bild 3 lecture 11

bild 3 lecture 11 - The genetics of speciation As we learn...

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The genetics of speciation As we learn more about genes, it is possible to follow the genetic changes that are important in the speciation process. One remarkable example is found in two species of flowering plant that live in the Sierras. The ranges of Mimulus lewisii and M. cardinalis overlap in the Sierra Nevada mountains of California. M. lewisii is generally found at higher elevations than M. cardinalis . It is pollinated by native bumblebees, while M. cardinalis is pollinated chiefly by hummingbirds. Because these species have different pollinators, hybrids are rarely found in nature. The two species can, however, be hybridized readily in the greenhouse, and the F 1 and the F 2 can reproduce readily with no obvious loss of fitness. The figure below shows the parental and F 1 flowers, and a sampling of the many colors and shapes of flowers that are seen when the F1 plants are crossed to yield the F 2 .
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M . c a r d i n a l i s F 1 F 2
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Parental (top), F 1 (middle) and some of the F 2 flowers (below) of crosses between Mimulus lewisii and M. cardinalis . Doug Schemske and Toby Bradshaw grew large numbers of F 2 plants in a greenhouse, and then transplanted these plants to an experimental field when they were about to flower. When the plants bloomed, their flowers showed a wide variety of morphologies that were various mixtures of the characters of the two parental species. They then recorded visits by bees and hummingbirds to the plants, and found that bees preferred to visit some flowers and hummingbirds preferred to visit others. In addition, some types of flower were visited by both bees and hummingbirds and others were visited by neither. Armed with this information, they examined the plants for the presence or absence of particular alleles at a number of genetic loci that were known to be responsible for the differences between flower color, morphology and other properties that they suspected would be important in determining pollinator preference. They then looked to see whether these genetic differences between the flowers were correlated with the numbers of bee or hummingbird visits (figure below). Pink flowers Red or orange flowers Small amounts of nectar Medium amounts of nectar Large amounts of nectar ! ! !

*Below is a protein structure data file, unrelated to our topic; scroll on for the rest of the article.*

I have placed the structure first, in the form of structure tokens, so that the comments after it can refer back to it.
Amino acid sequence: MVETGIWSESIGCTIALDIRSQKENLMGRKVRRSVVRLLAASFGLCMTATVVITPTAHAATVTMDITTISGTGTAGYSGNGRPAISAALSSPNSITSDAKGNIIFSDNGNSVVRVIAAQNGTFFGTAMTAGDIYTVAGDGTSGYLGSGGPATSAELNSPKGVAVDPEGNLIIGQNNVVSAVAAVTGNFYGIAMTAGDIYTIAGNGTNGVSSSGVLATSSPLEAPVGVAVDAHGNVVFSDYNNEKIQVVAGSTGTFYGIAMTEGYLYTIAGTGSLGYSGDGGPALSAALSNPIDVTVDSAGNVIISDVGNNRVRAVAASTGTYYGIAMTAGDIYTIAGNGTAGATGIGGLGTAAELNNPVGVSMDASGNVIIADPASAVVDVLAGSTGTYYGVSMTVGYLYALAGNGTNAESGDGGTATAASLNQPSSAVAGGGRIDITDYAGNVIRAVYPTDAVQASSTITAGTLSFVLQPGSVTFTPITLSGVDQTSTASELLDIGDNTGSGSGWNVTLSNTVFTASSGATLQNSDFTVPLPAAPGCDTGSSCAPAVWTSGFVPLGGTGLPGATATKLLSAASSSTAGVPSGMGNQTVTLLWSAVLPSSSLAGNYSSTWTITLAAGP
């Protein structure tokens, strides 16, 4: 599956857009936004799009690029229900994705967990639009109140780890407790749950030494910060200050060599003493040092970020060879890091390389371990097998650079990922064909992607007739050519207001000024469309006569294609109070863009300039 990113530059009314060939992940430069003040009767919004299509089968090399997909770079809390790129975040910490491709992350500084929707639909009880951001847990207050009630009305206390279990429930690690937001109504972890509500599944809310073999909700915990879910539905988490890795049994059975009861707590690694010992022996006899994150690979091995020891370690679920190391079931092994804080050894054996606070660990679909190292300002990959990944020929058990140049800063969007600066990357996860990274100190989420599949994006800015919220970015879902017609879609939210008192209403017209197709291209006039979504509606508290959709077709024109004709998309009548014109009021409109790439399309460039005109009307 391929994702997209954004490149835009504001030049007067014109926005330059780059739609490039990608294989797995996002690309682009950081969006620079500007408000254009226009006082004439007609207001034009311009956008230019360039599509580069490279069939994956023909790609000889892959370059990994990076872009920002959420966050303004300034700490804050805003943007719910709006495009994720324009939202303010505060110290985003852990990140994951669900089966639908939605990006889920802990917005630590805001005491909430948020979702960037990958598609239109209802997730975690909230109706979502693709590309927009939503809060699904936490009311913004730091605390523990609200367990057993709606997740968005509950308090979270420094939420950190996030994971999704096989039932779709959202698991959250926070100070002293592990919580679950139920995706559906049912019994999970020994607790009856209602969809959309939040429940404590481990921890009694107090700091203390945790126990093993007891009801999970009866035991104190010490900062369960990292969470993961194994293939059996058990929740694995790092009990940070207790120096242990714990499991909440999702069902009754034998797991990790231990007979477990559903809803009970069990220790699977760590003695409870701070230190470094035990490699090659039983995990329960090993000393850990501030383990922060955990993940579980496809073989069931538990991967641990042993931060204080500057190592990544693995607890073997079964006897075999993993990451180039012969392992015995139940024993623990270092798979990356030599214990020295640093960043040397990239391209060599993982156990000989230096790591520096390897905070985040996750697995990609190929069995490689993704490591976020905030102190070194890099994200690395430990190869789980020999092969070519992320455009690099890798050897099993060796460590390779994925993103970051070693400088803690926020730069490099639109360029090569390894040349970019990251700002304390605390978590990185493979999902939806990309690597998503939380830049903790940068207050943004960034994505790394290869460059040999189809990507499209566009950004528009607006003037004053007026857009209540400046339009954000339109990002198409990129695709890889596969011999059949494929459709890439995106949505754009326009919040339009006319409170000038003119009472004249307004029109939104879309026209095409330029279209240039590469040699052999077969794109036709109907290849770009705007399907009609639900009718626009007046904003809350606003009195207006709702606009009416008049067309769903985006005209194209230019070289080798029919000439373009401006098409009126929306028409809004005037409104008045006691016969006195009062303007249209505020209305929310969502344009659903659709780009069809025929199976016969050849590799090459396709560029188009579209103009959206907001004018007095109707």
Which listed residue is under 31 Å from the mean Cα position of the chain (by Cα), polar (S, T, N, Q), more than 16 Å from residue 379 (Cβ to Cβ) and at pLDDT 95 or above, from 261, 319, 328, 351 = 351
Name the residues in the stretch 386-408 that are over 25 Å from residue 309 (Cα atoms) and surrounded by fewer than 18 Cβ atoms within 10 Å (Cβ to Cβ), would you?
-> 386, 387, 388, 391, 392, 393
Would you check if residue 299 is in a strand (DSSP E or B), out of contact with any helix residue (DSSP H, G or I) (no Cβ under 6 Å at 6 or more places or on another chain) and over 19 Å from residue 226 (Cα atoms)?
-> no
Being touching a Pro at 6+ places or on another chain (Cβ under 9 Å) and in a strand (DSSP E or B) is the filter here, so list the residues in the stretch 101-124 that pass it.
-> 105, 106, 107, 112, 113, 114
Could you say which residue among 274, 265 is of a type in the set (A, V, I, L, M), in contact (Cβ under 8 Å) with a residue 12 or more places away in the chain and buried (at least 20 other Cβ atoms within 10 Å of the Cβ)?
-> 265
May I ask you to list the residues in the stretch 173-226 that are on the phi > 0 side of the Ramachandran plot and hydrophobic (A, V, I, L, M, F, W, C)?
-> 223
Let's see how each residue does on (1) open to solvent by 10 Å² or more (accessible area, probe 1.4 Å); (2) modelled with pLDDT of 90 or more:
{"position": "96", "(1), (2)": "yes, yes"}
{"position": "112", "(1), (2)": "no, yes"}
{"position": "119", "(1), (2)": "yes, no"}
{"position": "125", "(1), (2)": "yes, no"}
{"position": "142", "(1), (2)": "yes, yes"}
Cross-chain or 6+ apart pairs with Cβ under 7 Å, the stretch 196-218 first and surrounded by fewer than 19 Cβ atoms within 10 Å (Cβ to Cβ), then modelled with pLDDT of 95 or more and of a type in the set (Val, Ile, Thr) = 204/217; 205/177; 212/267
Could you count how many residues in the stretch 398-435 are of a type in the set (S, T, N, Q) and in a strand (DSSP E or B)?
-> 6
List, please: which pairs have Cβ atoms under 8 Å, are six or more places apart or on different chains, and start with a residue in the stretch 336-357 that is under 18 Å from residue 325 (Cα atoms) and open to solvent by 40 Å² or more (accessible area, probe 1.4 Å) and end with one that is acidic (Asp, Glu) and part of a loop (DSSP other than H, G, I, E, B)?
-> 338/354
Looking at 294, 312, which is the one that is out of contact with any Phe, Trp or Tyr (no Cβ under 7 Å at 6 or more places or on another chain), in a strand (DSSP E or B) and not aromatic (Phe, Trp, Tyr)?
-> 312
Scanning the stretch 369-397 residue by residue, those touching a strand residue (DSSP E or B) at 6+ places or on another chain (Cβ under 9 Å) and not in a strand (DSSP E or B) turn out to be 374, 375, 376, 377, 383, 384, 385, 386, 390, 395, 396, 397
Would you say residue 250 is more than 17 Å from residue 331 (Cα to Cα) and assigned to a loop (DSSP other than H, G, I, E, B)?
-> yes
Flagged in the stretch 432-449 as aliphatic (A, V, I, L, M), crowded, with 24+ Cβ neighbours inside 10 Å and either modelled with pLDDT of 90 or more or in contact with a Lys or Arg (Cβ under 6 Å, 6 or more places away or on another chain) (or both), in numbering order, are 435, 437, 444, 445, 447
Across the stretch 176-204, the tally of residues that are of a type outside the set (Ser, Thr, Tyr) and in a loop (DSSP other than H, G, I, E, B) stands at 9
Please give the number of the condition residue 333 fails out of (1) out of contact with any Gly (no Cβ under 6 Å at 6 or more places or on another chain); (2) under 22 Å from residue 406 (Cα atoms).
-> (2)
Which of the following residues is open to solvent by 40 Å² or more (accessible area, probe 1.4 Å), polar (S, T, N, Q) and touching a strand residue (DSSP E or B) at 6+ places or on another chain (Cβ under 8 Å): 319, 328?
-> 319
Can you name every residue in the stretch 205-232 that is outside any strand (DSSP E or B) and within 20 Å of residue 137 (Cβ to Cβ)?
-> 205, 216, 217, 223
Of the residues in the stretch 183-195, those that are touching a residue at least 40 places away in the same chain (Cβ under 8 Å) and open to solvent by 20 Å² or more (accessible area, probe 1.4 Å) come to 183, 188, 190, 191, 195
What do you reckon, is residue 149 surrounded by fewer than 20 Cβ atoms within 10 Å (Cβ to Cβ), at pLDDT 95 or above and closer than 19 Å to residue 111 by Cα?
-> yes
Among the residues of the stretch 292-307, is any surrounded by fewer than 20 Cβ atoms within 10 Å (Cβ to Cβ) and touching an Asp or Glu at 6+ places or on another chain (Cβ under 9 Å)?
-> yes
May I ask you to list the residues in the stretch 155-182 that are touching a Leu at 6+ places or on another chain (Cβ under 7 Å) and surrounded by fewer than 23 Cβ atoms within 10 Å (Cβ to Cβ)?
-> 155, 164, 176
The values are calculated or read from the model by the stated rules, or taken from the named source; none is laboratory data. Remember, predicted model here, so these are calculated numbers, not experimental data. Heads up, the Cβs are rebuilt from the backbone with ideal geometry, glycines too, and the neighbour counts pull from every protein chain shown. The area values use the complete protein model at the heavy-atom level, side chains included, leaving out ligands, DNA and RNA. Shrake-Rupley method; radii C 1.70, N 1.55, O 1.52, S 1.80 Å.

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Correlations of genotypes of the F 2 Mimulus flowers with number of pollinator visits. This experiment could not have been done on the original species, because their flowers were only visited by one type of pollinator. But when the F 2 flowers were used, with their wide variety of phenotypic characters, it was possible to see which of these characters was most important in determining which type of pollinator would visit. Two polymorphic loci in the F
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This note was uploaded on 11/05/2008 for the course BILD BILD 3 taught by Professor Woodruff during the Spring '08 term at UCSD.

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bild 3 lecture 11 - The genetics of speciation As we learn...

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